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“Lethal weapons
of war”

This test could redefine what weapons are protected by the Second Amendment

This test could redefine what weapons are protected by the Second Amendment

A federal appeals court upheld Maryland’s ban on popular AR-15-style assault weapons and high-capacity magazines last week, delivering a significant win to gun-control advocates who argue that the Second Amendment does not apply to military-style weapons.

Maryland’s ban, enacted in 2013 soon after the Sandy Hook Elementary School massacre, was allowed to stand in a 10-4 decision by the 4th Circuit Court of Appeals in Richmond, Virginia, that ruled the Second Amendment does not protect what the judges called “exceptionally lethal weapons of war.”

While the ruling is the fifth to uphold a state ban on assault weapons, according to The Trace, the Virginia federal appeals court is the highest yet to affirm a standard for classifying assault weapons, one gun advocates say will significantly narrow the scope of the Second Amendment. And one of the lawyers who brought the case now has set his sights on the Supreme Court.

It is absurd to hold that the most popular rifle in America is not a protected ‘arm’ under the Second Amendment,” Jennifer Baker, director of public affairs for the National Rifle Association, said in a statement. “The Second Amendment protects arms that are ‘in common use at the time for lawful purposes like self-defense.’”

Like all constitutional rights, the Second Amendment is limited. For instance, civilians can’t buy automatic weapons, like machine guns. But now seven states and the District of Columbia have enacted laws banning military-style automatic weapons like the AR-15, a version of which was used in the Sandy Hook massacre — which took the lives of 26 people, mostly children — and the shooting at the Pulse nightclub in Florida, where 49 were killed and 53 wounded.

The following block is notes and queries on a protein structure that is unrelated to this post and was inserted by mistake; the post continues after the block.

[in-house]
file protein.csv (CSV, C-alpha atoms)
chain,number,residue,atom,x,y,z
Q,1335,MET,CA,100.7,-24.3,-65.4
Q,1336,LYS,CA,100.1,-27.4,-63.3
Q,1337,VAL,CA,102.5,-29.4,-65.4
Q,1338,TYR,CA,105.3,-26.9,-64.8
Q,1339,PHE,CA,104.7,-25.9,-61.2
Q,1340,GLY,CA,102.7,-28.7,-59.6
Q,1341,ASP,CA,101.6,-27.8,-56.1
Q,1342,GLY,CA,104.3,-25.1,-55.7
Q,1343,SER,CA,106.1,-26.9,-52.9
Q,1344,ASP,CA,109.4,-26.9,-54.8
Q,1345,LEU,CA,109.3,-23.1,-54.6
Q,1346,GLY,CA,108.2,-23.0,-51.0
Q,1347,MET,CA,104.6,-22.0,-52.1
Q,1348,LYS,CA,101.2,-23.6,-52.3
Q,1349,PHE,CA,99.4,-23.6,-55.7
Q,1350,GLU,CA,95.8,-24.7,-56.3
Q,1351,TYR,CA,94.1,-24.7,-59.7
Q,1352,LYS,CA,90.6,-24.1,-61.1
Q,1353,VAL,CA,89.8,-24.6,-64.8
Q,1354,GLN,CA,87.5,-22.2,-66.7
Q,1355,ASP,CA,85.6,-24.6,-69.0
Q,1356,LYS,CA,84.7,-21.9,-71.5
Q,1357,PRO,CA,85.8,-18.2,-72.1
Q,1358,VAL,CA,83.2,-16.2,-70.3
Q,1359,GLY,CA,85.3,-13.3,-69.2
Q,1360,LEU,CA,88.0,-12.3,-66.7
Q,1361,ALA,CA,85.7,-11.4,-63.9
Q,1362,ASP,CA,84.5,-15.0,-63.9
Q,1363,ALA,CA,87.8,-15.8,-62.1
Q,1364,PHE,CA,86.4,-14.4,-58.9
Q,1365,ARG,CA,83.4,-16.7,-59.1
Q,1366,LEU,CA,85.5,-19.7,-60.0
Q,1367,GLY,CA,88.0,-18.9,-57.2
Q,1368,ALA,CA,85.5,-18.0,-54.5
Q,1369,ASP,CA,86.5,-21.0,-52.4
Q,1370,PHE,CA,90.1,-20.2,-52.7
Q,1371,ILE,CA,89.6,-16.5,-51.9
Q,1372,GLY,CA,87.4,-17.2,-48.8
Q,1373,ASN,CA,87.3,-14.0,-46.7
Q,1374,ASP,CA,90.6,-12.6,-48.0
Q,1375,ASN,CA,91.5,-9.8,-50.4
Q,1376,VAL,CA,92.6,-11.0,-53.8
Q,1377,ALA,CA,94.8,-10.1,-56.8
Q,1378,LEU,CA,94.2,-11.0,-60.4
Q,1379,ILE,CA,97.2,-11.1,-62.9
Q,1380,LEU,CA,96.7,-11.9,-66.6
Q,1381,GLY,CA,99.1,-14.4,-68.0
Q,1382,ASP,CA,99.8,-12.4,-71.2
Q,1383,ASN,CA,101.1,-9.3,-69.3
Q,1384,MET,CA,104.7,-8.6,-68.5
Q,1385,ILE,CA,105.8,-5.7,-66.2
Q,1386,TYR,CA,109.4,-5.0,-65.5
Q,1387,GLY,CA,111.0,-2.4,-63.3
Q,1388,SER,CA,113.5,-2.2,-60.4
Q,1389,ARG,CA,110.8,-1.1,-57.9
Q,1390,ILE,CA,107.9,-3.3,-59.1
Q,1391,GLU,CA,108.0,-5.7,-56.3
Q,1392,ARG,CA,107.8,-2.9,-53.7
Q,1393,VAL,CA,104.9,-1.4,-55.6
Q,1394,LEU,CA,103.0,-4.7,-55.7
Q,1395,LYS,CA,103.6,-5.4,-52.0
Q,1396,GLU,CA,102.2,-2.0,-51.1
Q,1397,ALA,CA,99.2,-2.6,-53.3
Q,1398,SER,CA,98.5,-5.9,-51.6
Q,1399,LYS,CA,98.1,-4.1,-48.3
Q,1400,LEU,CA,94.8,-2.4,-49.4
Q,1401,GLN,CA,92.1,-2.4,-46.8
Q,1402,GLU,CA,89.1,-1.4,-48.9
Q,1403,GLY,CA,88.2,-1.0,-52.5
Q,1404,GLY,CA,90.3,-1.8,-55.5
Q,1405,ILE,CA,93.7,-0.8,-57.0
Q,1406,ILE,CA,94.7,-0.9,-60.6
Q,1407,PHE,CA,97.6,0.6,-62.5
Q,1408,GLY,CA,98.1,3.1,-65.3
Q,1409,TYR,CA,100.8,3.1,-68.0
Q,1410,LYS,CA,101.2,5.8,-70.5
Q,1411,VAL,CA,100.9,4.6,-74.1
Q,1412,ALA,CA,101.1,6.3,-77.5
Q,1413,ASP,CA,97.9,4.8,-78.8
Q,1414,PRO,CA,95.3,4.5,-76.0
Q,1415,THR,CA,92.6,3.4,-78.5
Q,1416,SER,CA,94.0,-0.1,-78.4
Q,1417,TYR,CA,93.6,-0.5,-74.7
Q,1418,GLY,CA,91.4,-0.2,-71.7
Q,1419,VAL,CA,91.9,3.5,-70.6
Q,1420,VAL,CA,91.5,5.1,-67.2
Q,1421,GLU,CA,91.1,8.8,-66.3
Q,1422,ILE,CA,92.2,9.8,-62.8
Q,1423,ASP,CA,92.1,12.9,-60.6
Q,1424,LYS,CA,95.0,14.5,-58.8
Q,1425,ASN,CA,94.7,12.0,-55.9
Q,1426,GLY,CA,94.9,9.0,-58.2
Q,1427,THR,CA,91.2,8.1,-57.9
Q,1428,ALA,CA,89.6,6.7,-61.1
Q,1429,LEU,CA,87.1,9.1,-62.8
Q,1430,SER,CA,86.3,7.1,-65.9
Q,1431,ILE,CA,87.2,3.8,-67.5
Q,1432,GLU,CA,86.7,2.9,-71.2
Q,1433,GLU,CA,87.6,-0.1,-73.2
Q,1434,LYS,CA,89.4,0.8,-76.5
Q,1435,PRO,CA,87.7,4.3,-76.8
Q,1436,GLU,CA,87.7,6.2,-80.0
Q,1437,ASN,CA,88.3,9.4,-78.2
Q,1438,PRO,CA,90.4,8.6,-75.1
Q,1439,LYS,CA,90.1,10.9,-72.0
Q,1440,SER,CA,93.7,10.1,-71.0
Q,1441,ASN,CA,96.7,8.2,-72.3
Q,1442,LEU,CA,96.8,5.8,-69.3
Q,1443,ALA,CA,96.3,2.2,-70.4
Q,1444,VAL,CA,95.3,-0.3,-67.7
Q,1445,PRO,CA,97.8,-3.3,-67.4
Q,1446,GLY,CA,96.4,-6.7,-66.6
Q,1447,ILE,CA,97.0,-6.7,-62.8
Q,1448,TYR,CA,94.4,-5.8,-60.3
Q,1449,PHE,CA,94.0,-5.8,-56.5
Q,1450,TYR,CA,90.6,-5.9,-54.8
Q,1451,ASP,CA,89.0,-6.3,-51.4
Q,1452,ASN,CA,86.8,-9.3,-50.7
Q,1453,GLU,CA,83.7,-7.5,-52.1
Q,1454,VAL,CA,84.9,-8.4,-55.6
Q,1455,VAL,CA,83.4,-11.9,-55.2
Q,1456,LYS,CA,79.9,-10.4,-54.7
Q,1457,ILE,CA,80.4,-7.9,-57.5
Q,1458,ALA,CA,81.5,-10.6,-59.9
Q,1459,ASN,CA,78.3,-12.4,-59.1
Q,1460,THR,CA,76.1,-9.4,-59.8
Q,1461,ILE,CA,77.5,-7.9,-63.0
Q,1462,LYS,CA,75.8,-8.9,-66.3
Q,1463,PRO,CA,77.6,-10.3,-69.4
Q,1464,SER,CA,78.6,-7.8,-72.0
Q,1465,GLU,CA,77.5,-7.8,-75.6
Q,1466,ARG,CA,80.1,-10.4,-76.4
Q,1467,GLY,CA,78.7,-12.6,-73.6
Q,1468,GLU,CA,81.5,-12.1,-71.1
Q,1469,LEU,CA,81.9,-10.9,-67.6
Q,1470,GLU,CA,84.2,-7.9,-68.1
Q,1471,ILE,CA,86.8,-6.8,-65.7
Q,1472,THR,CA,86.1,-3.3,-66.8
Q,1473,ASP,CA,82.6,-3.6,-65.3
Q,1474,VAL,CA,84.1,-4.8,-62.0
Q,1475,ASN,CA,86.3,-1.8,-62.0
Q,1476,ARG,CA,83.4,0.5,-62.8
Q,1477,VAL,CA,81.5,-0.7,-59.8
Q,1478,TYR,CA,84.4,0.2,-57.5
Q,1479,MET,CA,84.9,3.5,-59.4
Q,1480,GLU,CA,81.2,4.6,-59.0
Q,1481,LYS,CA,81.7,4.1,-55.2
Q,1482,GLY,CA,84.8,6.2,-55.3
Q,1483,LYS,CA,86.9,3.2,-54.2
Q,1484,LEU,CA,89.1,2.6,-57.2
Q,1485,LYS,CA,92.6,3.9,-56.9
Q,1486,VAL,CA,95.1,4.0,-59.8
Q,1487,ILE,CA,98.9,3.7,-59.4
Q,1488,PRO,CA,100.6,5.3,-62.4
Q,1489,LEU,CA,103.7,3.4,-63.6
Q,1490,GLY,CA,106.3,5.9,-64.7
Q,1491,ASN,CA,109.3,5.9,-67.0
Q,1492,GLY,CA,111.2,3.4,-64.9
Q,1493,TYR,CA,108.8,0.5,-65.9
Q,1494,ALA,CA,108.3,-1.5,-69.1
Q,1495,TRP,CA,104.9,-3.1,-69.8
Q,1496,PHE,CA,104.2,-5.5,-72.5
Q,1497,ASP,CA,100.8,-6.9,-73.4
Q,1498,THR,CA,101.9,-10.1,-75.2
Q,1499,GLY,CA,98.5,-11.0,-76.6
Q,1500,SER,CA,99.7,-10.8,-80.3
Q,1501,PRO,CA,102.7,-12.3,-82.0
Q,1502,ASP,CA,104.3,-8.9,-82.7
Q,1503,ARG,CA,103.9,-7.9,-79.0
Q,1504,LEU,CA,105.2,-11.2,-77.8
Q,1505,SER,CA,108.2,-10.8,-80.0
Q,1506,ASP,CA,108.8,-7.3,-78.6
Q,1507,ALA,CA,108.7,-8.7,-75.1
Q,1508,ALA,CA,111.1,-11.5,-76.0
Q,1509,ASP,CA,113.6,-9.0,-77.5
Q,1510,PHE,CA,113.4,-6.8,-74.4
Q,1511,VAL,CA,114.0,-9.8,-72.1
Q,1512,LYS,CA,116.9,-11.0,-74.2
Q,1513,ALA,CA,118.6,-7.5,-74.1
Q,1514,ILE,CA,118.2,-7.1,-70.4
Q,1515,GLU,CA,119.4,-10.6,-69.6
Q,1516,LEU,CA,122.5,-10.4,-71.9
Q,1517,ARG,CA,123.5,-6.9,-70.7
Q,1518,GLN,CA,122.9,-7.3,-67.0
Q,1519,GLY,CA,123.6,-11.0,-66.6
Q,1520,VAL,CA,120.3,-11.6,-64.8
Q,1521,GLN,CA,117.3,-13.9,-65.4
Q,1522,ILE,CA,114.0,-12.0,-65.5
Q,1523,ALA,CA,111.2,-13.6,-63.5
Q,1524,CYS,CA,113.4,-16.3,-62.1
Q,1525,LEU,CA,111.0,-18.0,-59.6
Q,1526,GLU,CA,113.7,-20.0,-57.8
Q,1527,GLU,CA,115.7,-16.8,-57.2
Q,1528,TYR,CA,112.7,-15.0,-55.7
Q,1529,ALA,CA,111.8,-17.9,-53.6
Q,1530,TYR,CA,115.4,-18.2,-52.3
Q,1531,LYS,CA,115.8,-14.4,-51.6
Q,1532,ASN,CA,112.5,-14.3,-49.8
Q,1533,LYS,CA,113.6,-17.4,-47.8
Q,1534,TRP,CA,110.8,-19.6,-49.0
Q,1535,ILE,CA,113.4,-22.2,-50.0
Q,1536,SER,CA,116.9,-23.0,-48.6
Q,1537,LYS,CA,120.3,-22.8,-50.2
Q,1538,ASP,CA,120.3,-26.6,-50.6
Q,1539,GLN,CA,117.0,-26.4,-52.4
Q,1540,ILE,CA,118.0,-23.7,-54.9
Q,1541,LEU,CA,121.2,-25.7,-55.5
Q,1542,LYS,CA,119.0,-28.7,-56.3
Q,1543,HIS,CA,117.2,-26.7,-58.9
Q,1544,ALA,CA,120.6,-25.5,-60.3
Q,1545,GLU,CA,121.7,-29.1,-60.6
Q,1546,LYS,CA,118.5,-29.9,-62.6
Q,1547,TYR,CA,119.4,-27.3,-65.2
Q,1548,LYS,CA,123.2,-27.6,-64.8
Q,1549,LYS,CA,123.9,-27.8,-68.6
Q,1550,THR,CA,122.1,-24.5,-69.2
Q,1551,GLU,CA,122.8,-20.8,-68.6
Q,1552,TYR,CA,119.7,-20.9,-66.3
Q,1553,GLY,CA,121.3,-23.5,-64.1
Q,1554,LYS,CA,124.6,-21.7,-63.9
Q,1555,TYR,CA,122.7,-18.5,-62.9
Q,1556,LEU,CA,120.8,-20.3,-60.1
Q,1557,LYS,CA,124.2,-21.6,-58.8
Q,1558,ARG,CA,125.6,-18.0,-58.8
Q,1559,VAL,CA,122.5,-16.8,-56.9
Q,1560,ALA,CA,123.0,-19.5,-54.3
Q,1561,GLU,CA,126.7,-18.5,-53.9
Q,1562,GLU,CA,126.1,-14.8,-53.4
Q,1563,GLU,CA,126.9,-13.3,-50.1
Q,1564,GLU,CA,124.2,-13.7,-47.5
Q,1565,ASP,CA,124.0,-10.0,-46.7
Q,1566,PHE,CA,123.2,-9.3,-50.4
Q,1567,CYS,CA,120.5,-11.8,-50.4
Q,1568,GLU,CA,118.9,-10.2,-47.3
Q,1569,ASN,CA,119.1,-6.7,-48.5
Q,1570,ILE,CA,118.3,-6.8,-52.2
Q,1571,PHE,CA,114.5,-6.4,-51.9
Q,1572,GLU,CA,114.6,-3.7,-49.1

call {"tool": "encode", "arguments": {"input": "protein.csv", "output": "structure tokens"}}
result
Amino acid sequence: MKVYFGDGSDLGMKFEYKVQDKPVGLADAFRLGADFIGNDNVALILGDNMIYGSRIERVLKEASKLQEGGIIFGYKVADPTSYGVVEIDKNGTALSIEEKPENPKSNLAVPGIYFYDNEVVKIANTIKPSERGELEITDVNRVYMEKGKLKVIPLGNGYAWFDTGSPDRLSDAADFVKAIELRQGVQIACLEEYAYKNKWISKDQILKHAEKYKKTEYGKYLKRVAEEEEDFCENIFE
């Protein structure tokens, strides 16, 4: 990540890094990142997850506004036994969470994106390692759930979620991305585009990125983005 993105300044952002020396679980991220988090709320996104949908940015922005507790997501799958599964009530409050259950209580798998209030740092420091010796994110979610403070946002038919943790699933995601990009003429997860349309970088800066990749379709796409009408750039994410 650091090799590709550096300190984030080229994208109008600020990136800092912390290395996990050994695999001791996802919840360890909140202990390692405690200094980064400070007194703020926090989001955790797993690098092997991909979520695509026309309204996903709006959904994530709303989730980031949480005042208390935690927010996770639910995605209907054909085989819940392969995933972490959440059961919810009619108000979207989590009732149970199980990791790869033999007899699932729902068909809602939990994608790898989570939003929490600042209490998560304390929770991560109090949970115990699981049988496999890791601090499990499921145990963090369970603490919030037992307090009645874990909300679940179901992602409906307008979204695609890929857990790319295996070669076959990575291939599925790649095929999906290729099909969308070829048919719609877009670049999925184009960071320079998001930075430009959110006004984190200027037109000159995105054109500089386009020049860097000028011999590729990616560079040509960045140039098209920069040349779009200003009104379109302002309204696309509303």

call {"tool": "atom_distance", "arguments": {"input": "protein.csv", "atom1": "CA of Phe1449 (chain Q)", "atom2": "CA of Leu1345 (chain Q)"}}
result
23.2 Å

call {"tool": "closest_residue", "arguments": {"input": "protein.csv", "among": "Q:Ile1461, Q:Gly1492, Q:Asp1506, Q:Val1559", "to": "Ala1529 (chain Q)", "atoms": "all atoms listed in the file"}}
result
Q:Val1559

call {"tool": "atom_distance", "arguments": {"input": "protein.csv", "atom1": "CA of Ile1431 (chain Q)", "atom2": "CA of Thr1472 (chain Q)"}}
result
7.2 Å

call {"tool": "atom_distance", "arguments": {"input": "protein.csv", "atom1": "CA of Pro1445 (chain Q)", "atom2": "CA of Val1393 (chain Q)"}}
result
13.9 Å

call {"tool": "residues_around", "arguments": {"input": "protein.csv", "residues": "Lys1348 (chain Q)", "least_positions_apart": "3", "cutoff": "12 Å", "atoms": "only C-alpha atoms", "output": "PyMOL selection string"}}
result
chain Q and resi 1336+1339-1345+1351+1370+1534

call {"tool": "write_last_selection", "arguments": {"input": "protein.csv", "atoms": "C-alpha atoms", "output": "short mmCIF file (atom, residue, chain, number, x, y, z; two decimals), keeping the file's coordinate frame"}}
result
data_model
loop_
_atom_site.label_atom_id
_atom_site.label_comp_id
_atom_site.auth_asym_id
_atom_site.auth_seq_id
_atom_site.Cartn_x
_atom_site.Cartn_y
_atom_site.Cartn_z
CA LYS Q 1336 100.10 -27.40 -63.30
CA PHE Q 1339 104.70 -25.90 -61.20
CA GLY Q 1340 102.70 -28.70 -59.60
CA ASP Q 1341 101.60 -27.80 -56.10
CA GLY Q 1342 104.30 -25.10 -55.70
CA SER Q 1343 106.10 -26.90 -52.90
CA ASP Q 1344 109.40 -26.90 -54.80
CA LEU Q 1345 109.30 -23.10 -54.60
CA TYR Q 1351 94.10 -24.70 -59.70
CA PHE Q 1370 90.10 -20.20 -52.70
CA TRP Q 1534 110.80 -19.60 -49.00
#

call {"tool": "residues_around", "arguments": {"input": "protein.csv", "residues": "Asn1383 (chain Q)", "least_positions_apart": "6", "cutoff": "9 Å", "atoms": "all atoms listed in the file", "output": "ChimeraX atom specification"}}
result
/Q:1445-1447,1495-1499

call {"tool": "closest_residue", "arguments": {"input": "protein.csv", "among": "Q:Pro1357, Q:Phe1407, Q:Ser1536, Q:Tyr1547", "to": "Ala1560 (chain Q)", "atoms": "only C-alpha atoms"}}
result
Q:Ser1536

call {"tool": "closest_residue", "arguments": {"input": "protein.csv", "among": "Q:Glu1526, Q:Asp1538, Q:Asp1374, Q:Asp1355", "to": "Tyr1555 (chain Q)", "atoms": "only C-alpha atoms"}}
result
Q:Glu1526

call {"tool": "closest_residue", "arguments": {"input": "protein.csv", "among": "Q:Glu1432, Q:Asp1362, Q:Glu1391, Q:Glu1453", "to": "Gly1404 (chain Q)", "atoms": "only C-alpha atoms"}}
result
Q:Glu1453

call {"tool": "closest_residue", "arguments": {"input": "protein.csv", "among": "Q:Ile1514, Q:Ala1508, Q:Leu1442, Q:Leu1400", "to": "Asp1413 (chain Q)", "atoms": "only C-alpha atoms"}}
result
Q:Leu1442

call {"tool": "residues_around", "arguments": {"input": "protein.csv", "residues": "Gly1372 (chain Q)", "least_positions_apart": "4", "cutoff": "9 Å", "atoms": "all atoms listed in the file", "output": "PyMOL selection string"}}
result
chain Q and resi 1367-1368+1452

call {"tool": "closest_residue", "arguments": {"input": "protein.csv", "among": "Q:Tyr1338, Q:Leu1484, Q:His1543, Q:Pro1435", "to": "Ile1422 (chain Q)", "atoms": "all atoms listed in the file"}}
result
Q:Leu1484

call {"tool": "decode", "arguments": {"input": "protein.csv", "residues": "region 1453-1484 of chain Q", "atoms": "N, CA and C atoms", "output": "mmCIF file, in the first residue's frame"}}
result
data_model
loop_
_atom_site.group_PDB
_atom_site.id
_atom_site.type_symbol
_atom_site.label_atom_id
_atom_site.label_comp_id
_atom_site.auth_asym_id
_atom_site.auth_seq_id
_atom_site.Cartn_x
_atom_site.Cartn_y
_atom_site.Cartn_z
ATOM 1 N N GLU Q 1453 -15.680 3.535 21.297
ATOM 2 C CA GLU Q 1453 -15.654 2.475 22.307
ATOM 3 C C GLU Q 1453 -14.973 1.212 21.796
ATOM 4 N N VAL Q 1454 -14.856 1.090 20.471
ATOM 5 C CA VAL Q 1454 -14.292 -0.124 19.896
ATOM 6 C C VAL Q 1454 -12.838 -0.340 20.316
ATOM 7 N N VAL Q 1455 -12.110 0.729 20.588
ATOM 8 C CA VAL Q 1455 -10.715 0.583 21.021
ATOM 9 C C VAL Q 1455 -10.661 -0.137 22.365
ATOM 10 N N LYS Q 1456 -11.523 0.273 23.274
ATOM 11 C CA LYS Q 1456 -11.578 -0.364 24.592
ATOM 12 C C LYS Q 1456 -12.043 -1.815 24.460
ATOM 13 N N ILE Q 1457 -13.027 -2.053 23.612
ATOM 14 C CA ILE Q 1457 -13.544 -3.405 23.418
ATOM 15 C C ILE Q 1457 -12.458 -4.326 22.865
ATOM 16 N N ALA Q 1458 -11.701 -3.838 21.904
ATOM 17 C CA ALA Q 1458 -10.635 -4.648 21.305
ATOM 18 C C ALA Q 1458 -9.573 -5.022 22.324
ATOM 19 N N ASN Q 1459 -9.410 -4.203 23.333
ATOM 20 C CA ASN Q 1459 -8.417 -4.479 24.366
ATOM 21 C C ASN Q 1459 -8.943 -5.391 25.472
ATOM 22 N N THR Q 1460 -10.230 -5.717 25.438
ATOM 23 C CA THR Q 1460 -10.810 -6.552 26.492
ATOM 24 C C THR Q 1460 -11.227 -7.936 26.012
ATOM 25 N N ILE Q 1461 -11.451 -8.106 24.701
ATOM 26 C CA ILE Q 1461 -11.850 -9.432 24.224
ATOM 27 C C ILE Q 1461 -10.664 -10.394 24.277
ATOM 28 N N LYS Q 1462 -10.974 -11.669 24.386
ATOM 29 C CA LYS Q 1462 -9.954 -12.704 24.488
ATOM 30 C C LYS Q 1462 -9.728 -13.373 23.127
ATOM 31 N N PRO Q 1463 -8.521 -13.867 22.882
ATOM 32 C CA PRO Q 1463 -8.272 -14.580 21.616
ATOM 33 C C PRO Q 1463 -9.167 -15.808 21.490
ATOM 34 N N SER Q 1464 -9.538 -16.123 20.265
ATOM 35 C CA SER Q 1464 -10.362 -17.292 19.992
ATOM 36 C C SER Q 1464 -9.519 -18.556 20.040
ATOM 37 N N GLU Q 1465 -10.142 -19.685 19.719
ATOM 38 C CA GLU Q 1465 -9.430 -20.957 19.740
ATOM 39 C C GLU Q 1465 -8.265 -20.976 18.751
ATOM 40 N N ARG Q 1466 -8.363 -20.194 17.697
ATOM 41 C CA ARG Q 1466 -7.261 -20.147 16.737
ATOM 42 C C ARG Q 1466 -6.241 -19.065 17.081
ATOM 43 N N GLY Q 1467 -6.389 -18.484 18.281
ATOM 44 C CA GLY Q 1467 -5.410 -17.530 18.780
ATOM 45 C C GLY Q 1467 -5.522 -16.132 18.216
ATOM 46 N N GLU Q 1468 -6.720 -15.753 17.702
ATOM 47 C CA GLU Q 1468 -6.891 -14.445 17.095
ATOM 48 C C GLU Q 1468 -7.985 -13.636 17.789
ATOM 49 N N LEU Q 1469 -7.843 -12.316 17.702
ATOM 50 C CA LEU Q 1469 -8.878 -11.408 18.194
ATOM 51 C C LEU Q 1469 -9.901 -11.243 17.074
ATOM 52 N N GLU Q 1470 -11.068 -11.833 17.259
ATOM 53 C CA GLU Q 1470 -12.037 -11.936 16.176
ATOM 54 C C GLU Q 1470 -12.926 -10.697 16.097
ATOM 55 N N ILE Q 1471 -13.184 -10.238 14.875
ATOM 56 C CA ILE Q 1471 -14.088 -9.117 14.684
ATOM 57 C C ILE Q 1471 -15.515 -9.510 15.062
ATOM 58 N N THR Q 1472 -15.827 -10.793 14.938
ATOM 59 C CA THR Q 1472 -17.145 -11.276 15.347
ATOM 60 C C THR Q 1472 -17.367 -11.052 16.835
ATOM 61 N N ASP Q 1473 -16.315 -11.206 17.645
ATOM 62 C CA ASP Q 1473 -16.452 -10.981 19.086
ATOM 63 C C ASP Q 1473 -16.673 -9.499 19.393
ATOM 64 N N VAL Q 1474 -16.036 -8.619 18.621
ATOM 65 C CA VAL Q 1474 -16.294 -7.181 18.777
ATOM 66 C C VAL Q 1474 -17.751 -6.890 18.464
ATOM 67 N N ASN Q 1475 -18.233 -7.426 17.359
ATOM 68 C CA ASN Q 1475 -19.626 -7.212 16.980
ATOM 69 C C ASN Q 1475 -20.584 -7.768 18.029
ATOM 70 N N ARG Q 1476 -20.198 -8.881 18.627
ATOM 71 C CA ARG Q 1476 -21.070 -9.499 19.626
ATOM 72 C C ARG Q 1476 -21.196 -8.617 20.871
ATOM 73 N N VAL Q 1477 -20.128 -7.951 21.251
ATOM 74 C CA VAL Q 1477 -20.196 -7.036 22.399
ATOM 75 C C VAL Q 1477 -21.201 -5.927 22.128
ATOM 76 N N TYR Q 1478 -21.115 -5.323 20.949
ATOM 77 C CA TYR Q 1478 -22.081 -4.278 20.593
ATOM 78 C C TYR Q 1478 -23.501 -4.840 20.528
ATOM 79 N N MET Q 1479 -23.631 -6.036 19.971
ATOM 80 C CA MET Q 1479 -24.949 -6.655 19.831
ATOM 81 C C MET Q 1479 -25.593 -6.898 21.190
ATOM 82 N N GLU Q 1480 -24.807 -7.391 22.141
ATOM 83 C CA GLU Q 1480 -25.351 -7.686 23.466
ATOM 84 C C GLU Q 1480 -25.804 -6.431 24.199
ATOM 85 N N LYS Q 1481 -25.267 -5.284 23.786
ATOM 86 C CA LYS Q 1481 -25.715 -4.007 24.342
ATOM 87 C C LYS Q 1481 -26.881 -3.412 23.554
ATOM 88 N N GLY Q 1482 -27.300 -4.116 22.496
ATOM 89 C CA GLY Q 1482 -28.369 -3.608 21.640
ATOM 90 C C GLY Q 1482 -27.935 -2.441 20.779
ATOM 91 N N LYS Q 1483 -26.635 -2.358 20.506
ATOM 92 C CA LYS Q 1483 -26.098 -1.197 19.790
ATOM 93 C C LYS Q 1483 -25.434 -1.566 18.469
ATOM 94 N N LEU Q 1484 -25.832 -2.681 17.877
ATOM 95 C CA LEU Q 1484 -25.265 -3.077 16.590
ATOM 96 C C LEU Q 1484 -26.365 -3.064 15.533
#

In the past, circuit courts have relied on how common a weapon is when determining if it’s covered by the Second Amendment, according to Hannah Shearer, an attorney with the Law Center to Prevent Gun Violence. But with the 4th Circuit ruling, the judges gave new credence to a second standard: if a weapon could cause military-level destruction.

The AR-15, the Maryland ruling majority opinion reads, is “simply the semiautomatic version of the M16 rifle used by our military and around the world.” That deadly ancestry, according to the opinion, means that the Supreme Court excludes AR-15-type rifles and firearms like it from the Second Amendment.

Those AR-15-style rifles are some of the most popular firearms among U.S. consumers today.

“[Under the ruling,] the Second Amendment doesn’t even apply to the most common and popular semiautomatic rifles being sold today,” said Jay Porter, one of the attorneys representing the plaintiffs in the Maryland case. “It’s absurd.”

But some gun control advocates say the “common use” standard alone is insufficient.

“It would suggest that if the gun industry floods the market with an extremely dangerous destructive weapon, if they can flood the market quick enough before legislatures begin banning this product, then there’s nothing a legislature can do about it because all of a [sudden] those products are ‘in common use,’” said attorney Jon Lowy, director of the Brady Center to Fight Gun Violence Legal Action Project.